A design flaw and the use of the wrong type of steel in Rafael Viñoly’s David L. Lawrence Convention Center, in Pittsburgh, caused a partial collapse there last year, according to a report released this week, as detailed by the Associated Press in an article appearing February 5 on enr.com. A 30-by-60-foot slab of concrete in the loading dock collapsed and fell onto a walkway below in February 2007, as RECORD reported; no one was injured in the incident. “An engineering firm hired to investigate the collapse, Wiss, Janney, Elstner Associates, said a slotted bolt connection used to attach a support beam to an expansion joint was inappropriate given the friction that would develop with temperature changes,” the Associated Press reported this week. “The connection was suitable for light loads, but not the force generated by the expansion and contraction of a large building, said Andrew Osborn, senior principal with the firm. The center’s original design called for steel seats rather than slotted bolt connections, but that was changed.” Steel seats have since been installed on all 50 beams. For its part, Viñoly’s office issued a statement contending that the report vindicates its own role in the project: “Rafael Viñoly Architects was the firm that created the Convention Center’s architectural design; however, it did not engineer the building’s structural steel beams and, more importantly, it was not responsible for the design of the connections between them. The Wiss Janney Elstner report confirms that the cause of the failure was an improperly designed structural connection that was incorrectly installed. The report also makes it clear that the design and detailing of this connection was the responsibility of ADF International Inc., the project’s steel fabricator, and that the connection was built and installed by Dick Corporation, another member of the construction team.” Even so, the city and county’s Sports & Exhibition Authority continues to seek nearly $2 million in damages from Viñoly as well as ADF and its subcontractors, the Pittsburgh Post-Gazette reported on February 6.
Los Angeles is readying itself for next week’s opening of the first phase of Renzo Piano’s revamped Los Angeles County Museum of Art (LACMA)—a project more than seven years in the making, albeit with different architects. When LACMA first contemplated remaking its motley assortment of buildings, which include the original 1965 structure by William Pereira and later revisions by Hardy Holzman Pfeiffer, among others, it went with Rem Koolhaas. “He would raze four of the five plaza buildings and replace them with a single huge structure raised on concrete stilts and topped by a billowing, tent-like roof made of Mylar skin and steel bones,” according to a February 3 article in the Los Angeles Times. But in the wake of the recession of 2001, the museum nixed this plan over concerns about its estimated $300 million price tag. Trustee Eli Broad, though he was said to “swoon” over Koolhaas’s scheme, instead approached Piano, who designed a more financially manageable transformation—funded through $200 million of municipal bonds—that sets out to unify the existing structures with new circulation elements. Piano also added a new gallery building, the 60,000-square-foot Broad Contemporary Art Museum, which includes a new main entrance to the entire complex. The boxy, travertine-clad structure is defined by a grand entry stair as well as a jagged roofline of fins that block harsh southern light. “Piano’s attempts to add color and a sense of energy to the exterior of the box with a scaffold of escalators and stairs, which he collectively calls ‘the spider,’ suggest that he is looking back to his professional youth, specifically to the Pompidou Center in Paris,” the Los Angeles Times wrote on February 7. A second phase of construction, which should get underway soon, will renovate a former department store building and join it to the LACMA complex. While Piano’s overall scheme is receiving favorable reviews, Bloomberg’s James S. Russell hinted on February 6 that more than a few observers are suffering from Piano fatigue. The Italian architect produced early masterworks such as the Menil, in Houston, Russell wrote, but “too many risk-averse boards run to Renzo asking him to recycle these masterpieces for them. They are shortchanging themselves and their collections.”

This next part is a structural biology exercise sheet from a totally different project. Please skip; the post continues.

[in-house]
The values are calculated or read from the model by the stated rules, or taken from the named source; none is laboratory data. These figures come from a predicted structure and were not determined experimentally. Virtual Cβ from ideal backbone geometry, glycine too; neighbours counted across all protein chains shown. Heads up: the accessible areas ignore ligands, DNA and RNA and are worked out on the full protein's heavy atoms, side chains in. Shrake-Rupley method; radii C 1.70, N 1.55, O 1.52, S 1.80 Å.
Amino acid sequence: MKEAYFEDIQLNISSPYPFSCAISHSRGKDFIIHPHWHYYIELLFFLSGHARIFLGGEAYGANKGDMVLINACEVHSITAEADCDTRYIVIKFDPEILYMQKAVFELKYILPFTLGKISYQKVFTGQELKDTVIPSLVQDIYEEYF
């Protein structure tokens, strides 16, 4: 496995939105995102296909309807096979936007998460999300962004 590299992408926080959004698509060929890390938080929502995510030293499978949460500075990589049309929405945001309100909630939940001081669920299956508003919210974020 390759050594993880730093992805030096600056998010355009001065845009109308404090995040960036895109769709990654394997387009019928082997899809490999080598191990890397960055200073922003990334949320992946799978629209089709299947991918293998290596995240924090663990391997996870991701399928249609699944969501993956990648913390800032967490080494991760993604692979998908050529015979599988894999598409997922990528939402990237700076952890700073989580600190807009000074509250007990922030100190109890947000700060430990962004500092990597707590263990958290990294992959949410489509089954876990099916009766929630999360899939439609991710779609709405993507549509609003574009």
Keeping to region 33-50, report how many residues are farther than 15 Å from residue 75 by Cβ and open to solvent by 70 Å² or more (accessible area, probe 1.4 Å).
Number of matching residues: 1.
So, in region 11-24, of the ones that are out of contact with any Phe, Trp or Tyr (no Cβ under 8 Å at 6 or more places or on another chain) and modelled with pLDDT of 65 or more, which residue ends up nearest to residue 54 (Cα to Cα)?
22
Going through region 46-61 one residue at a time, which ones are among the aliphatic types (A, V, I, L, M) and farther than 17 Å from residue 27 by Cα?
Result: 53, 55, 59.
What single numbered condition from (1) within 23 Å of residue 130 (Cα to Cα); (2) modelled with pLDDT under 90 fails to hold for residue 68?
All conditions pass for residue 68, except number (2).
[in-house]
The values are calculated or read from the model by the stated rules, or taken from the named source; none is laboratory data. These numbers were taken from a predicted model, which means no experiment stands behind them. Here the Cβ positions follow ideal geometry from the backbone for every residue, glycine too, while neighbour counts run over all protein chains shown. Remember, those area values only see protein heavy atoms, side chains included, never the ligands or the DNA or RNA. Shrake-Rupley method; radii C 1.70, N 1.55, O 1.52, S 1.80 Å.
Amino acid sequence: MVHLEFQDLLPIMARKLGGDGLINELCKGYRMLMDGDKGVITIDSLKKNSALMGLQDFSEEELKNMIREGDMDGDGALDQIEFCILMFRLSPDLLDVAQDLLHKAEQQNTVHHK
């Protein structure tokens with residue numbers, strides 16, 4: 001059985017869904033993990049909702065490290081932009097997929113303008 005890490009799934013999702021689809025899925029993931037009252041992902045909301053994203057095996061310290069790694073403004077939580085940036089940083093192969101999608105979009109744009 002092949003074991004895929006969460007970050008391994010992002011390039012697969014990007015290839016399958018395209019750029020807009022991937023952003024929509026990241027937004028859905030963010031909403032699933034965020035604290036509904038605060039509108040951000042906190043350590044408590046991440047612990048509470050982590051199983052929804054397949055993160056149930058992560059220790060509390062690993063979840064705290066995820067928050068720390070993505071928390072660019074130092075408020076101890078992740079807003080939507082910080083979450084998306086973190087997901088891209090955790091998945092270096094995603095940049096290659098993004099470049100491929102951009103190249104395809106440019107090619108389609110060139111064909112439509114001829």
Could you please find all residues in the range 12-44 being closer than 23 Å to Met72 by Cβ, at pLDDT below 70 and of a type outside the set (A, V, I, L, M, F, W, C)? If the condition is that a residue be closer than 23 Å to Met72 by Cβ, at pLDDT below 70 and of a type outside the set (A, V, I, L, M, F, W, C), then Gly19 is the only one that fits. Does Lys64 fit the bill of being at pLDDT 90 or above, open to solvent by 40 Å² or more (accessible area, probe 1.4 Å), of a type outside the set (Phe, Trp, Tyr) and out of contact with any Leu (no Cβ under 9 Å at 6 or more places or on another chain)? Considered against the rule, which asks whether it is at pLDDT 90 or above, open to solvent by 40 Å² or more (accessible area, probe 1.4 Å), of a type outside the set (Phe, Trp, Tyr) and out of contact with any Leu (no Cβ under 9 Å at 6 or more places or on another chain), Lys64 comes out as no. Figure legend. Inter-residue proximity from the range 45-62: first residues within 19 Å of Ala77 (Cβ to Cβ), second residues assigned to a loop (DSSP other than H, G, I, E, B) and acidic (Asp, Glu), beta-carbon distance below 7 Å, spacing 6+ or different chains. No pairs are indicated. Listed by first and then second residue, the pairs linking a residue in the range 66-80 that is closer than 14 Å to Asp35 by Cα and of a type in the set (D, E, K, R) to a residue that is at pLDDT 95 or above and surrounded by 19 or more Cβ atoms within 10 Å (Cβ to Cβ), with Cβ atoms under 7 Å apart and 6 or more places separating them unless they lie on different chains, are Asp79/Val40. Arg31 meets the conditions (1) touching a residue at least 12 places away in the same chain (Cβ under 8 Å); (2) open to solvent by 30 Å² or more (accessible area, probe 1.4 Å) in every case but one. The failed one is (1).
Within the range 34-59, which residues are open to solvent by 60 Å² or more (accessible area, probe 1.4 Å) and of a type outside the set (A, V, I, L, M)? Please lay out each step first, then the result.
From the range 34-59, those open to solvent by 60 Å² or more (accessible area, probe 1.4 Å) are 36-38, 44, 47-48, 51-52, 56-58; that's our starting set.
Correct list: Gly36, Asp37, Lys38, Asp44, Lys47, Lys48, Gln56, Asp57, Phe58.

Frank Gehry’s Santa Monica Place mall has been shuttered in preparation for a transformation that will remove the roof from this 1980-vintage shopping complex in Santa Monica, California, to create an open-air passage. The redesign, by the Jon Jerde Partnership—which, ironically, competed against Gehry for the original building commission awarded by The Rouse Company—also calls for “widening the corridors; replacing the dark, cluttered courtyard with a larger elliptical space; and bringing in more upscale tenants,” The New York Times reported on February 6. Despite these changes, the mall will remain at roughly 550,000 square feet when it reopens in late 2009. Macerich, the property’s current owner, had originally planned on completely redeveloping it with a series of high-rise office buildings but dropped this scheme after community opposition. Macerich did not disclose to the Times how much it will pay. The mall was extensively remodeled in 1990—which perhaps means that Gehry is unlikely to mind about the current work. “This was a client-conceived building,” Jon A. Jerde told the Times. And it wouldn’t be the first Gehry project to face the wrecking ball. In early 2007, the University of California, Irvine, razed one of his buildings—a computer science center—to make way for a new engineering complex, the San Diego Union-Tribune reported at the time.